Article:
materially and morally, during a crucial movement in Latin America's 
struggle for self-determination. It is rather instructive and ironic 
today to see Latin American military forces serving in Haiti as an 
occupation army under the United Nations' banner.

Haiti's legacy of defying and exposing the farcical nature of the racist 
characterization of Afrikans as sub-humans by defeating the best 
European armies of the period, taking its freedom in its own hands, 
contributing to the liberation of Latin America and threatening the 
continued viability of slavery has probably earned the country the 
unenviable economic and political status it currently holds in the 
region. [16]

I believe Wordsworth's was right in declaring to the deceived and fallen 
Toussaint (and by extension Haiti), 'thou hast great allies / Thy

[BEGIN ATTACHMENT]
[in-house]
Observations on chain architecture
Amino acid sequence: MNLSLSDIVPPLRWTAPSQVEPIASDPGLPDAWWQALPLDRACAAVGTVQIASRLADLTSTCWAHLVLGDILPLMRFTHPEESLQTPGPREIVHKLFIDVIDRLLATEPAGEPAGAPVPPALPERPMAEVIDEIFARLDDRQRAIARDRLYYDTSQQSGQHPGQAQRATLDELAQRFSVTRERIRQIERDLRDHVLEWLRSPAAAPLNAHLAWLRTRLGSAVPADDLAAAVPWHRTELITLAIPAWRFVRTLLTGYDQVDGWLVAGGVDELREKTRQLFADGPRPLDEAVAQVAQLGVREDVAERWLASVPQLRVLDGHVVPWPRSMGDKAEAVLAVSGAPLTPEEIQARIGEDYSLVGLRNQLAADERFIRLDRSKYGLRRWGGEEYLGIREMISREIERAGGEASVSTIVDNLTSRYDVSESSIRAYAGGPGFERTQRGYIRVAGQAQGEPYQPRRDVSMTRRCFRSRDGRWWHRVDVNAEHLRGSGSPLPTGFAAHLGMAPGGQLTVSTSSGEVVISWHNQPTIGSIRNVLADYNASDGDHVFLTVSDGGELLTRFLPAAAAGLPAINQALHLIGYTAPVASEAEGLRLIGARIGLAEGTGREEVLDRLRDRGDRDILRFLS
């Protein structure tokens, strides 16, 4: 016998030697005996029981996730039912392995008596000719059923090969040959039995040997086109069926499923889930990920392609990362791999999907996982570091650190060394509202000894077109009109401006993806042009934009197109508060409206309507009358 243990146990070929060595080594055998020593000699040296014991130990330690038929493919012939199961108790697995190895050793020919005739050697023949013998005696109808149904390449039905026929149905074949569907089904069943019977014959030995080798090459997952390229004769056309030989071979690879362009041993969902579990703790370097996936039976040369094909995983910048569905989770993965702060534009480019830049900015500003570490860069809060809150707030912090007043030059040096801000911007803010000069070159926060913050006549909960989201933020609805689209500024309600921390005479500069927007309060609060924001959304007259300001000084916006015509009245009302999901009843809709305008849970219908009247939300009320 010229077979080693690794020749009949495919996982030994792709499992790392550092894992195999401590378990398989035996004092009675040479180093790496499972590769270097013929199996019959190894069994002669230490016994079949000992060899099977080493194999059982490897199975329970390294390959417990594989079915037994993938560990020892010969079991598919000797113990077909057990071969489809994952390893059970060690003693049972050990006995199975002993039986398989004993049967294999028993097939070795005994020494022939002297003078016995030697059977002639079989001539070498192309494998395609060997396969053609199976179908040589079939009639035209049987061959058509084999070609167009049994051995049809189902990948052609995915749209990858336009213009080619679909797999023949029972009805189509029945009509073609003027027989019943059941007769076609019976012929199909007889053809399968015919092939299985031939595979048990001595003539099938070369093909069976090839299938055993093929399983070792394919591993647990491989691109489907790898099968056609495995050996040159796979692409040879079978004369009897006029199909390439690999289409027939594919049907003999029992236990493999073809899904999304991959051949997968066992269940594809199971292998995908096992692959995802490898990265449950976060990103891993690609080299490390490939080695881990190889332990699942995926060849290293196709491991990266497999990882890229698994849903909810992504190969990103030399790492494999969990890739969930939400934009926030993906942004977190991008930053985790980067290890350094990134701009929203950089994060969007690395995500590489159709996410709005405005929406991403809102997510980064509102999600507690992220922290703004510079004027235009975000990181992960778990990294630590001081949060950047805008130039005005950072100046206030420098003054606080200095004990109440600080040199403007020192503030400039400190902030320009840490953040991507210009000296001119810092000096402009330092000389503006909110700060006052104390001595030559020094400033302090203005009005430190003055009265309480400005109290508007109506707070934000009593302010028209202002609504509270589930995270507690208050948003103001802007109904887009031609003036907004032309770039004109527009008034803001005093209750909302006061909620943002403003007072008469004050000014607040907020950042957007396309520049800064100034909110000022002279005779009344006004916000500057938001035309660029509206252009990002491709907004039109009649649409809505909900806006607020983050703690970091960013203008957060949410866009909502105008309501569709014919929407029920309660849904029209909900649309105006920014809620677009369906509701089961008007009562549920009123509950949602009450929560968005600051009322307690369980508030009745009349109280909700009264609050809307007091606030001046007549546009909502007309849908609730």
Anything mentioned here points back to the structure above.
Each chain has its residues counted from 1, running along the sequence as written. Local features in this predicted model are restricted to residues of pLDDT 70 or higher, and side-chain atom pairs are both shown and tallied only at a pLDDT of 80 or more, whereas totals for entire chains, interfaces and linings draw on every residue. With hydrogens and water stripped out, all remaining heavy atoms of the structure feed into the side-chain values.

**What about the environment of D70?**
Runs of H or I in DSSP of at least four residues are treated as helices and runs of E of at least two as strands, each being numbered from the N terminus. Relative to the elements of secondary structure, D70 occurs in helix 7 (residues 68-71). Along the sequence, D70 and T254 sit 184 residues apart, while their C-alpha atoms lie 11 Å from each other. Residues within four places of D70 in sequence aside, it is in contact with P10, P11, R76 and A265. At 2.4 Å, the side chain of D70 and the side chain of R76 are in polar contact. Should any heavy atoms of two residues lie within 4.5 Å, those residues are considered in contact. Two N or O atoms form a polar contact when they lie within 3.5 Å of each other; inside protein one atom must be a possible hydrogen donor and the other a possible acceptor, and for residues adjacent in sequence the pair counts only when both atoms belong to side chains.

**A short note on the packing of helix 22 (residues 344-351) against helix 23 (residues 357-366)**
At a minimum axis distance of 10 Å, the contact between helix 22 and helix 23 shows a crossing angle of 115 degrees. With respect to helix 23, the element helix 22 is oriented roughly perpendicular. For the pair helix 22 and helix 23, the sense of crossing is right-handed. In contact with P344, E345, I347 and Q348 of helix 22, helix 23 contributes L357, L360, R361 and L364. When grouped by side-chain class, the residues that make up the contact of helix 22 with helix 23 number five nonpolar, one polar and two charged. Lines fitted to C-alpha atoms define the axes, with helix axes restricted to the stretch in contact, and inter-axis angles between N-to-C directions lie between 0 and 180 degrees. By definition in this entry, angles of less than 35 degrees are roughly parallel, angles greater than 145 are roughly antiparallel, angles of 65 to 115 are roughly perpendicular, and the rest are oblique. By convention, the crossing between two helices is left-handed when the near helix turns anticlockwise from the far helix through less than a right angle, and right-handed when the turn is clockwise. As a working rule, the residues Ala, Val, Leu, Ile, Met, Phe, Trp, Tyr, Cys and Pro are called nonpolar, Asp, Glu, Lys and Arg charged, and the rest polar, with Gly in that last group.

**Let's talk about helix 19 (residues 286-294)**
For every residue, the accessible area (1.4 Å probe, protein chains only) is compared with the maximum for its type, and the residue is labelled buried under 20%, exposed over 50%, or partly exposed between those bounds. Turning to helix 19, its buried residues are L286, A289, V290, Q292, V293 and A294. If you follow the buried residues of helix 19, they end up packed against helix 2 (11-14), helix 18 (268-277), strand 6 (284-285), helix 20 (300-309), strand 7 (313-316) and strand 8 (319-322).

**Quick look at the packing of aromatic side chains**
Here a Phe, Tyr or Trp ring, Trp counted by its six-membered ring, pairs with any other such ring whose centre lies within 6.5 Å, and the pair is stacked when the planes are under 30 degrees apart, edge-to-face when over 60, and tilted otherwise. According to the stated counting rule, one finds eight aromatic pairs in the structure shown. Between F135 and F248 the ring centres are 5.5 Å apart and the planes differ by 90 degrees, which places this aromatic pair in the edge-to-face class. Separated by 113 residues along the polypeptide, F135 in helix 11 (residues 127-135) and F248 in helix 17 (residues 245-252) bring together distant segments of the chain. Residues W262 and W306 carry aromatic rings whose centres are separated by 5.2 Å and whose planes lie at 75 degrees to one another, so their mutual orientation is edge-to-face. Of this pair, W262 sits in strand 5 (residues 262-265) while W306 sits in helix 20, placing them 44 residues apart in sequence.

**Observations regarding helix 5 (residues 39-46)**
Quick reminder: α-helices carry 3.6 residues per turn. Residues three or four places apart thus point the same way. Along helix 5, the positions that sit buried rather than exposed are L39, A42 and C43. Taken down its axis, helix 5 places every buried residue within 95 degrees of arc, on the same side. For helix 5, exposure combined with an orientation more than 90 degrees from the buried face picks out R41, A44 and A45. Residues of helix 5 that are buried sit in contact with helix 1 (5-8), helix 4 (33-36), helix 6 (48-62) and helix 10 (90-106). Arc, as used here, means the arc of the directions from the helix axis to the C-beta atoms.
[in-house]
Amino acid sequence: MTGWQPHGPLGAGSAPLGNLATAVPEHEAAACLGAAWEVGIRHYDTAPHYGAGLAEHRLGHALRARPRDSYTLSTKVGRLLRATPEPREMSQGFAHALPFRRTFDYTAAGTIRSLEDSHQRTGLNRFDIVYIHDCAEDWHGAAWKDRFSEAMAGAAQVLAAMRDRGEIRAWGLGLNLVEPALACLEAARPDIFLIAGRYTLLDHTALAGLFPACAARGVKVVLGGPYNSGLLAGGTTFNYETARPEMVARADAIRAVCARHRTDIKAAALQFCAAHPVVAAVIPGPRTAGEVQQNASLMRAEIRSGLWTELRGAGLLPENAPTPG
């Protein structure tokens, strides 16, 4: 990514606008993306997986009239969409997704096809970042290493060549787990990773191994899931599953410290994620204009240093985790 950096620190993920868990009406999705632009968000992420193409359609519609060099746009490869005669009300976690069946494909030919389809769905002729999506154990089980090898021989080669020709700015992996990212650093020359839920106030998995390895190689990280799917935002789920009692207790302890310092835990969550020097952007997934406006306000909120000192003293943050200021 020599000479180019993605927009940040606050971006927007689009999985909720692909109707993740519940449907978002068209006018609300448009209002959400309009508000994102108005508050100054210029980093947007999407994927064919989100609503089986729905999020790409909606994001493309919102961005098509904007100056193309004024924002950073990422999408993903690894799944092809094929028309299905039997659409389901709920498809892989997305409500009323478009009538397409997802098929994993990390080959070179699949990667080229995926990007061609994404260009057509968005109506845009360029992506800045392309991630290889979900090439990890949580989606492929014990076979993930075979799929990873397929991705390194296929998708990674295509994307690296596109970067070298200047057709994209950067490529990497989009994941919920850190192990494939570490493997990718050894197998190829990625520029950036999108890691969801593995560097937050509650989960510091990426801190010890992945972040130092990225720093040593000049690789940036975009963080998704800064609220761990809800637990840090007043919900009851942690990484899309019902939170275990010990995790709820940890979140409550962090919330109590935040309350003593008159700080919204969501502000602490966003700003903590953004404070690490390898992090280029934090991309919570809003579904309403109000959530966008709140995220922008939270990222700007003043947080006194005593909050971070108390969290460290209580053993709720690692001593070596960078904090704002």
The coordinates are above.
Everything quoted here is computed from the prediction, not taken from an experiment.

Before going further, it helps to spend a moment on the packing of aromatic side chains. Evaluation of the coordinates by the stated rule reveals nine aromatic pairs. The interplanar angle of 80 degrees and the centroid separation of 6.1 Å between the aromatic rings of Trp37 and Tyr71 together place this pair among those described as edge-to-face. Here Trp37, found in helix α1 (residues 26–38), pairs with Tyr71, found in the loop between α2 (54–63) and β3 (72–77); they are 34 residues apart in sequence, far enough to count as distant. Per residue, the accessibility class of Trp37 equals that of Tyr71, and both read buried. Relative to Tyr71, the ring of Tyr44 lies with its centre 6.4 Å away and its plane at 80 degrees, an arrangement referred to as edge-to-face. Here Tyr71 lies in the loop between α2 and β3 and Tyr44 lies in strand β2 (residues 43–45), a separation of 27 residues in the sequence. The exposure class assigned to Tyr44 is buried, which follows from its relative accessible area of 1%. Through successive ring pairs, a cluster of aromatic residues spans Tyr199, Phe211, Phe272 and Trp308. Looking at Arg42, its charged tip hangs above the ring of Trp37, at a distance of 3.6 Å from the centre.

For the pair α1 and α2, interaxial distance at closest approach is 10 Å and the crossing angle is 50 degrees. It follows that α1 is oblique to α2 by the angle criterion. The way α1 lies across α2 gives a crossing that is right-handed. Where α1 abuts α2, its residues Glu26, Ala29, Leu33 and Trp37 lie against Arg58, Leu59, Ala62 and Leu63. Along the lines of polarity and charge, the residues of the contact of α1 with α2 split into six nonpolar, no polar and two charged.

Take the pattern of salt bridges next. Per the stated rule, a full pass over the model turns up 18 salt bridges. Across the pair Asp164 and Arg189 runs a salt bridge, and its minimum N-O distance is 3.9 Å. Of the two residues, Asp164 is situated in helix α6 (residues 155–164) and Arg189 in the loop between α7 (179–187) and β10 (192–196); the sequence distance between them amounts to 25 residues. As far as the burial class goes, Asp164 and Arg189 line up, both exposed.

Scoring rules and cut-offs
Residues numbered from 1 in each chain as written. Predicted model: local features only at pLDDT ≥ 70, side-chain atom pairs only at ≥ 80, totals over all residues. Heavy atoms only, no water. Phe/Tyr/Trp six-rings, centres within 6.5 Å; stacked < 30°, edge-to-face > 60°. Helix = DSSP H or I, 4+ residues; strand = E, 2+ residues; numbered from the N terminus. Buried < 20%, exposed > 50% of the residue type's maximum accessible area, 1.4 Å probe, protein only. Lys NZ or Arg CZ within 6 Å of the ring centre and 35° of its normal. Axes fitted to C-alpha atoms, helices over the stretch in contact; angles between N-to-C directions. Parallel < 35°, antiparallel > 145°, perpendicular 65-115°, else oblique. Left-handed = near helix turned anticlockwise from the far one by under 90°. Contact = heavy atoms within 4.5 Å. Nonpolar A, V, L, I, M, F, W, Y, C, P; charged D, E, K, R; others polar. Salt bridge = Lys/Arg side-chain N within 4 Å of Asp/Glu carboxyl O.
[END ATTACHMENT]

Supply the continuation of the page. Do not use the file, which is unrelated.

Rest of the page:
friends are exultations, agonies, / And love, and man's unconquerable 
mind.' Our anti-imperialist obligation to Haiti and its people for their 
contribution to universal freedom entail the provision of political, 
moral and material support in fighting our common enemies of social 
emancipation and justice. Our internationalist sensibilities and 
politics ought to be informed by Martin Luther King's claim, 'Injustice 
anywhere is a threat to justice everywhere. We are caught in an 
inescapable network of mutuality, tied in a single garment of destiny. 
Whatever affects one directly, affects all indirectly.' [17]

We may demonstrate our international(ist) solidarity commitment with the 
people of Haiti in the following manner:

1. Form or join an organization devoted to Haiti internationalist